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Freedom has a Price

July 24, 2016

This is a truth many of us find uncomfortable. Oh, we’re often willing to speak of the price others have paid for our freedoms. We can speak of how much it cost those in the past for us to be free now. What we prefer to not dwell on is this: freedom not only has a price, it has a price that must be paid by every generation. When we fail to recognize the cost, when we say the price of being disturbed from our comfortable lives is to high, we are on the verge of losing the freedom we take for granted.

“Freedom has cost too much blood and agony to be relinquished at the cheap price of rhetoric.” ~ Thomas Sowell

“Posterity! You will never know how much it cost the present generation to preserve your freedom! I hope you will make a good use of it.” ~ John Adams

“The price of freedom is eternal vigilance.” ~ Desmond Tutu

“Eternal vigilance is the price of liberty.” ~ Thomas Charlton

“Responsibility is the price of freedom.” ~ Elbert Hubbard

Each one of these quotes, some of which are debated as to authorship, has something important to say. The freedom we now enjoy, even with ongoing efforts to chip away ever more of it, has cost far too much for us to allow it to be taken away in response to mere rhetoric. We really do have an obligation to use well the liberty that has been handed down to us. Remaining vigilant and recognizing all the things, events and people who might take away or severely reduce our liberty is a price we must pay if we wish to remain free. Ultimately, we are, indeed, responsible  for our freedom – and its loss, if we abdicate that responsibility.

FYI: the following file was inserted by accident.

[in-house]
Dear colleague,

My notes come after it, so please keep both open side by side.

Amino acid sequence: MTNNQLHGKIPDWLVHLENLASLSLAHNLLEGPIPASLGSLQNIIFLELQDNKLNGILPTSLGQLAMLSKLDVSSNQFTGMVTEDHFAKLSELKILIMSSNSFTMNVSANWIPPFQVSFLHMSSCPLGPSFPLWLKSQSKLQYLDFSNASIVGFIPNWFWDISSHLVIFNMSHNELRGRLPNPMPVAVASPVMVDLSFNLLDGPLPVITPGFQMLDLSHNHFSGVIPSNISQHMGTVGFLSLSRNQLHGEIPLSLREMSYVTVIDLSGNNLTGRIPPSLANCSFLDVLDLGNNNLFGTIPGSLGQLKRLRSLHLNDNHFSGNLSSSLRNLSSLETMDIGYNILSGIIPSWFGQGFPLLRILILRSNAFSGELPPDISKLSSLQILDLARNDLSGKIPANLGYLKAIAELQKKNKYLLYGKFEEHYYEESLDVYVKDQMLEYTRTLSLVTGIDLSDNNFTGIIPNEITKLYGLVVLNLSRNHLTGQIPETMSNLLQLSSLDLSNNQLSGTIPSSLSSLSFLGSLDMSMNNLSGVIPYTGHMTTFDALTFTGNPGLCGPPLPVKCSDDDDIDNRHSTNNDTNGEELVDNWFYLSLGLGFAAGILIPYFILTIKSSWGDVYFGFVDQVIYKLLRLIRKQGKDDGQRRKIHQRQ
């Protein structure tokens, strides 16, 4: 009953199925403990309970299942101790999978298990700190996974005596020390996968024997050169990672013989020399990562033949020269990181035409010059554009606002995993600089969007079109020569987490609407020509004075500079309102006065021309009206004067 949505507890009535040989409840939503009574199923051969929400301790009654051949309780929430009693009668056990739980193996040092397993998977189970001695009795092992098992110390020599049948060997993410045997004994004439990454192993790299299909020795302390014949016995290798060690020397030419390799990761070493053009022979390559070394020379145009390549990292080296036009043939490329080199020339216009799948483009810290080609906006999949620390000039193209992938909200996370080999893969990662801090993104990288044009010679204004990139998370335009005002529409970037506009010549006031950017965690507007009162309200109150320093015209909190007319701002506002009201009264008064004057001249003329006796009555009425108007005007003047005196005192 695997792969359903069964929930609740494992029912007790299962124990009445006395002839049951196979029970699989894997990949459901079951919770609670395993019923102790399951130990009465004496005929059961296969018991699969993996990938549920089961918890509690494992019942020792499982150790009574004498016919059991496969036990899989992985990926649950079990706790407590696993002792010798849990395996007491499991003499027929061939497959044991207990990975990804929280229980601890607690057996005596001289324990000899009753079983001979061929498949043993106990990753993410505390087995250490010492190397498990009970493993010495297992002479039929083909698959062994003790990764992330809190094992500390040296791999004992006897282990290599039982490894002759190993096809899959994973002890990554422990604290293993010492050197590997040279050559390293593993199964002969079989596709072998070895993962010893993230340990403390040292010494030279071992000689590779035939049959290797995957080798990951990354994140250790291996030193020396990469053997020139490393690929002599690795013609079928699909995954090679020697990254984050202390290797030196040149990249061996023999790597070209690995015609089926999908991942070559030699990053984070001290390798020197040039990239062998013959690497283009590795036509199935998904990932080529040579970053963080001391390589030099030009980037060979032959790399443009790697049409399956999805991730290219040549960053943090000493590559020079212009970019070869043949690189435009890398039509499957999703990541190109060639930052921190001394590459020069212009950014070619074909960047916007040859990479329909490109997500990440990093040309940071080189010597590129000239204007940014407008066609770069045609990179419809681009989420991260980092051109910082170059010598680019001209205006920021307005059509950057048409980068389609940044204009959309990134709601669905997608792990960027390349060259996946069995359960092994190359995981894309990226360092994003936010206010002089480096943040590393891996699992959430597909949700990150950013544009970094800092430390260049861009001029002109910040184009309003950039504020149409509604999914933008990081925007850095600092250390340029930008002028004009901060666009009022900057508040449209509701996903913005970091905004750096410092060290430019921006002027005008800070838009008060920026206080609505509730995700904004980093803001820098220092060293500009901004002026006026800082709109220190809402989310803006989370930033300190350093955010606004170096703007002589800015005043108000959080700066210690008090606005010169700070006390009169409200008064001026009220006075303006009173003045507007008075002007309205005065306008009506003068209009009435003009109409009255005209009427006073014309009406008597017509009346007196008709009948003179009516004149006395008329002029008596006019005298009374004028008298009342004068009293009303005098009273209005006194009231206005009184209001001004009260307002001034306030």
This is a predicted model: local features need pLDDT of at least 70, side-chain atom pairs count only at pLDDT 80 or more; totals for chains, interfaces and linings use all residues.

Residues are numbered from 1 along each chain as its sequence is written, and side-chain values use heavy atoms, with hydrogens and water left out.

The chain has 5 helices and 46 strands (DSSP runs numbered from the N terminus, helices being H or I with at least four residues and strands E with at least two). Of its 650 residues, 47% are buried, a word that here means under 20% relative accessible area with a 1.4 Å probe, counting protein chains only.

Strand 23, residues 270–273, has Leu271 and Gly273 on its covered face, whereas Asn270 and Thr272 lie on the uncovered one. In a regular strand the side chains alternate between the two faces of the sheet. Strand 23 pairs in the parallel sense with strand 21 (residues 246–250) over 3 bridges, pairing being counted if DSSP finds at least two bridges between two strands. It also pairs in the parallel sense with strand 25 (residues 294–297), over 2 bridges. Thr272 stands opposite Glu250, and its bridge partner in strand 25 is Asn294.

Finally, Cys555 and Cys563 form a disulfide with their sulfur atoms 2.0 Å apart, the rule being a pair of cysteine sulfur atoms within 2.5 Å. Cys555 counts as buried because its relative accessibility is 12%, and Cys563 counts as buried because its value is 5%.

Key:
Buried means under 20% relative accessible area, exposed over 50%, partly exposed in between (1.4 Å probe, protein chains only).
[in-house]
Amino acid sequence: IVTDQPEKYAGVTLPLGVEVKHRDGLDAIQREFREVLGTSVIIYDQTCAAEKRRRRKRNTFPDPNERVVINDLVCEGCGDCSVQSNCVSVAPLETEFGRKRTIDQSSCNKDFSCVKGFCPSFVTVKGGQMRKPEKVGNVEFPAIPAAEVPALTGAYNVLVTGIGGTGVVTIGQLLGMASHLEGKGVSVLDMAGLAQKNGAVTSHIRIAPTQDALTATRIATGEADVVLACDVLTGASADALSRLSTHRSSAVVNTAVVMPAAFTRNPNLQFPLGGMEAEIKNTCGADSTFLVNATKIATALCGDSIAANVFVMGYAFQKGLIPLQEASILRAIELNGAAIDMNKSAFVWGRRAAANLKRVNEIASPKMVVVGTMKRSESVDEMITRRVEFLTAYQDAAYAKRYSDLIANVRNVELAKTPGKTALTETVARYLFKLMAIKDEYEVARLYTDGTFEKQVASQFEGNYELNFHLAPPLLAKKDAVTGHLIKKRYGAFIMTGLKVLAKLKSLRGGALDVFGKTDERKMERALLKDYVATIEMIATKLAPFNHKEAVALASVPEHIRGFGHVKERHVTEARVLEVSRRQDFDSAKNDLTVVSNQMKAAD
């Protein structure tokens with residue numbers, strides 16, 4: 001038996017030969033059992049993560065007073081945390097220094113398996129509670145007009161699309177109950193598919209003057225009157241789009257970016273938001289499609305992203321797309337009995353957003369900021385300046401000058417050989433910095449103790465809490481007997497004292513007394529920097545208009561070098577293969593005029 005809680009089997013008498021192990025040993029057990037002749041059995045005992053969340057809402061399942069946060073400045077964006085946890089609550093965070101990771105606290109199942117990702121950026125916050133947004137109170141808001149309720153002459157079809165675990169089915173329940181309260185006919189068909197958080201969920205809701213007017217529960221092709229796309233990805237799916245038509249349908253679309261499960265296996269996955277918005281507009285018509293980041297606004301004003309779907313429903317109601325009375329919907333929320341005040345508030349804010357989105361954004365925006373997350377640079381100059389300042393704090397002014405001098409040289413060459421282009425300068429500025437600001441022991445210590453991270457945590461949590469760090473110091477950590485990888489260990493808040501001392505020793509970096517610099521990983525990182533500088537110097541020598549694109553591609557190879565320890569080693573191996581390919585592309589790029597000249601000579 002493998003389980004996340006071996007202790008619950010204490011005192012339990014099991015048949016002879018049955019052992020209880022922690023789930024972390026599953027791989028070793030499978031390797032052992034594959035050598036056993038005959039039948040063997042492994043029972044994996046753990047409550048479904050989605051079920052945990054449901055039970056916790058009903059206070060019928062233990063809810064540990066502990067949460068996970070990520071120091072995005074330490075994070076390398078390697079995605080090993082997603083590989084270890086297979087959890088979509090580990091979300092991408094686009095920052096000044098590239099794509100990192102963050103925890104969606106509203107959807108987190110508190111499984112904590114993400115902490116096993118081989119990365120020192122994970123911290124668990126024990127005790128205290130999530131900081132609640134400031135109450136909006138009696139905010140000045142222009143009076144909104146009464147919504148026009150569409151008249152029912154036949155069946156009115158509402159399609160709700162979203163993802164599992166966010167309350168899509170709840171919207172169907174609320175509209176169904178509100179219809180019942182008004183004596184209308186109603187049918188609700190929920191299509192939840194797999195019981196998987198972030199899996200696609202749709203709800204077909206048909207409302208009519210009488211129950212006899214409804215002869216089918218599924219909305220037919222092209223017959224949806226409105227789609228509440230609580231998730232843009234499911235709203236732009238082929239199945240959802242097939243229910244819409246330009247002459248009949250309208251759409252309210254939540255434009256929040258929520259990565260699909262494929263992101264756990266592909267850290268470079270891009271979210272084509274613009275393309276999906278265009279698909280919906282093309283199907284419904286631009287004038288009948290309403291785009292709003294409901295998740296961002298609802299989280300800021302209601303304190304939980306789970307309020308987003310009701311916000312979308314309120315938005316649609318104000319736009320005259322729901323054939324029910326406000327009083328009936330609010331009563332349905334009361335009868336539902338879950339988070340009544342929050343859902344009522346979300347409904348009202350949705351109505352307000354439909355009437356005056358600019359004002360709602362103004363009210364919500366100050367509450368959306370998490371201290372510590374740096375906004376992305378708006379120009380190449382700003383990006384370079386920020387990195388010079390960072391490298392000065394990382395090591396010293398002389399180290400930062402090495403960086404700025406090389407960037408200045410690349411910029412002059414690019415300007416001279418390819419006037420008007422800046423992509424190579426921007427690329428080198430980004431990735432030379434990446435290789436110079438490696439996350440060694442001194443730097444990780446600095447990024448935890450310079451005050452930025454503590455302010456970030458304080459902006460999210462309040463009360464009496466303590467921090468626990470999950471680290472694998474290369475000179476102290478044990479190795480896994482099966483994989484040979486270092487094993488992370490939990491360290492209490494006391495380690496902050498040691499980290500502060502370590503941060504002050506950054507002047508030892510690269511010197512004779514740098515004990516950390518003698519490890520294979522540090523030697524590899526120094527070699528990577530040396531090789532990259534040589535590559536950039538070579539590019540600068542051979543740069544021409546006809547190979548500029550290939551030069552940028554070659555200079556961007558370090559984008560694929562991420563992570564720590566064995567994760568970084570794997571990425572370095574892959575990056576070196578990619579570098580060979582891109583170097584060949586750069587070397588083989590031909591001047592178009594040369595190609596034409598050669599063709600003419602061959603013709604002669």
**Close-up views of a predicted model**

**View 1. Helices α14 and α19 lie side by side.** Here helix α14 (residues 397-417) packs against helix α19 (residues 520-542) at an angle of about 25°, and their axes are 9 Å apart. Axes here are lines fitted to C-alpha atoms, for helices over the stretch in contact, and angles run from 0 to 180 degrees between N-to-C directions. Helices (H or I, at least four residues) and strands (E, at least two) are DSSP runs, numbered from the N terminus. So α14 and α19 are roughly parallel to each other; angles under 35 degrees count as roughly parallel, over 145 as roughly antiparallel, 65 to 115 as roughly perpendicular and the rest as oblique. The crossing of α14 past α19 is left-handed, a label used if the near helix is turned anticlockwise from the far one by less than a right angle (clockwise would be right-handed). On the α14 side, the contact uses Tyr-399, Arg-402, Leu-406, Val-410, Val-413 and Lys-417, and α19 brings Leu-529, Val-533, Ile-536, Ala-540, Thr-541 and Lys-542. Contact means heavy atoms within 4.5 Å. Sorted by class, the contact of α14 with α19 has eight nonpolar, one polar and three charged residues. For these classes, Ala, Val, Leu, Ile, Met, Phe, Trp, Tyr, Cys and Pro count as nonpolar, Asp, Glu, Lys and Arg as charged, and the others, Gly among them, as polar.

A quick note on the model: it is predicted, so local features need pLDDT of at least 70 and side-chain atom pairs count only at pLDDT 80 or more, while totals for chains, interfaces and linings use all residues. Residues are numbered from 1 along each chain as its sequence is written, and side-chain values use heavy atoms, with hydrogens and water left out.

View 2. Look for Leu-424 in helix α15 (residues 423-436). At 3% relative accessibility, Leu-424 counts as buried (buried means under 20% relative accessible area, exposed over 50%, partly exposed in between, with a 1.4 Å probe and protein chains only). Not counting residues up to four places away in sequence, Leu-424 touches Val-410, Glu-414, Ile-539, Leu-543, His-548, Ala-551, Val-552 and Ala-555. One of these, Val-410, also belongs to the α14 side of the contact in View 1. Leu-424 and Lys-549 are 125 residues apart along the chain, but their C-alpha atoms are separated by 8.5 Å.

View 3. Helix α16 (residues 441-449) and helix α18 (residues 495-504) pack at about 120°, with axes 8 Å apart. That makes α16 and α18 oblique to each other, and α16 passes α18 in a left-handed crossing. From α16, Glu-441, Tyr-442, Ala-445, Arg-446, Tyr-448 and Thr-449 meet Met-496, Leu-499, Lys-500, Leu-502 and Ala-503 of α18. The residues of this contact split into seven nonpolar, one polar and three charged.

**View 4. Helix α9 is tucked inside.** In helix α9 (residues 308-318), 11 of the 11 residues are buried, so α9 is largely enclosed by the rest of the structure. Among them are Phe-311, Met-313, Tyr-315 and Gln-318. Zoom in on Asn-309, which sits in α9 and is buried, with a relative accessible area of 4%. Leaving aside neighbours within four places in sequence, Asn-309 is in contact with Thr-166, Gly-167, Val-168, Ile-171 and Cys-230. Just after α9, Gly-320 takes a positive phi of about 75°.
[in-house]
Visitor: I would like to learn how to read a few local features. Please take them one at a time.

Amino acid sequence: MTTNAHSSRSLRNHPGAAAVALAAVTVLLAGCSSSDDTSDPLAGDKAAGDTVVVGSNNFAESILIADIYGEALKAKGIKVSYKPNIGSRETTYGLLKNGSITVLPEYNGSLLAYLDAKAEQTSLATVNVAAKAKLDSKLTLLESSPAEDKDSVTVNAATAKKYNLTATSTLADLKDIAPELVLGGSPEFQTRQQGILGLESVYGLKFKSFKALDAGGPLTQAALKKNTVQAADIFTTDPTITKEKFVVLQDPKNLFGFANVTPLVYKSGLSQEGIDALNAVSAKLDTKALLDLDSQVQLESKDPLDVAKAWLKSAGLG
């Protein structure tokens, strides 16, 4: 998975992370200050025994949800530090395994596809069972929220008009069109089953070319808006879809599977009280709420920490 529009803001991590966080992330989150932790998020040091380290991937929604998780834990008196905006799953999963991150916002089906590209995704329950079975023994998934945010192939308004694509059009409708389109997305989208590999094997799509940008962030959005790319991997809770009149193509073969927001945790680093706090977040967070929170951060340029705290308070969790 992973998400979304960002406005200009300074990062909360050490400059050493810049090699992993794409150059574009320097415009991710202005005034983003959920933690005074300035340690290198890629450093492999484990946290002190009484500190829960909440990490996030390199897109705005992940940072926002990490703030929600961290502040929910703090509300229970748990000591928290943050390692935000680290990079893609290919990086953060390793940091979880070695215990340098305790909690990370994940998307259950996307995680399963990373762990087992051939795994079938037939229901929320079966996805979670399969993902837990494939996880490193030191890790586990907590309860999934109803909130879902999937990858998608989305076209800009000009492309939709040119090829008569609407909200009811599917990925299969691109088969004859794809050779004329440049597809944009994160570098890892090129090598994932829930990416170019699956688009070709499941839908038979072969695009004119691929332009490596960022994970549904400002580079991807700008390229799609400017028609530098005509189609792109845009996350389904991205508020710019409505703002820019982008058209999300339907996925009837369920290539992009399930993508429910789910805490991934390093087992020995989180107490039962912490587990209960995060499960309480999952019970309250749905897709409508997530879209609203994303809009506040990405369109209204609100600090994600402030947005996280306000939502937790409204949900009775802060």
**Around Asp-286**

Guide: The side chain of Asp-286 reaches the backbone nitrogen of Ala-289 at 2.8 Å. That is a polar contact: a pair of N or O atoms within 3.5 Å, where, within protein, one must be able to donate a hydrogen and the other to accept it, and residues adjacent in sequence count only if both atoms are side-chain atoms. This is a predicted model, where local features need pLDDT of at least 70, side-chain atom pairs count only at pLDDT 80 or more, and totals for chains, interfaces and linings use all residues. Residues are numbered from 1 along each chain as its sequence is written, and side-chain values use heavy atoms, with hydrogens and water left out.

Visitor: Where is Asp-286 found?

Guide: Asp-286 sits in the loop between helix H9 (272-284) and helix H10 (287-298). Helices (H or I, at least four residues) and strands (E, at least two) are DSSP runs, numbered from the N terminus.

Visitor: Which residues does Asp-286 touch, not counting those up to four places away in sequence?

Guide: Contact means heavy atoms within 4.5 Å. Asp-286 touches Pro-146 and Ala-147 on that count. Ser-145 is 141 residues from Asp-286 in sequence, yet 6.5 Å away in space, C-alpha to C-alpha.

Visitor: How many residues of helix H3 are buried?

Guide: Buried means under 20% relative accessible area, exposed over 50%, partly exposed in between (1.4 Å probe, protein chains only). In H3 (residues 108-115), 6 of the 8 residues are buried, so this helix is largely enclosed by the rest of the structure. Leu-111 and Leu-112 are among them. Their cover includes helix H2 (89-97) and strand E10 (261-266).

Of all the things that might go on sale, of all the things we might purchase at true wholesale prices, freedom is not one of them. Freedom, I submit, must always be purchased at full retail and the price is outrageously high – especially to those for whom freedom is an inheritance. Our failure as a nation to recognize freedom carries a high price tag, coupled with what seems to be an ever increasing reluctance to pay full retail has placed that freedom at great risk. I believe we are most likely to experience that reluctance when my freedom is going to come with a cost we must pay. It is one thing to have others pay the cost. We can thank and even cheer them for their sacrifice(s) in the name of freedom. It is an altogether different thing when each of us, individually, must feel the burden of freedom’s sometimes overwhelming cost, or when it must be paid by those we hold dear or are sworn to protect.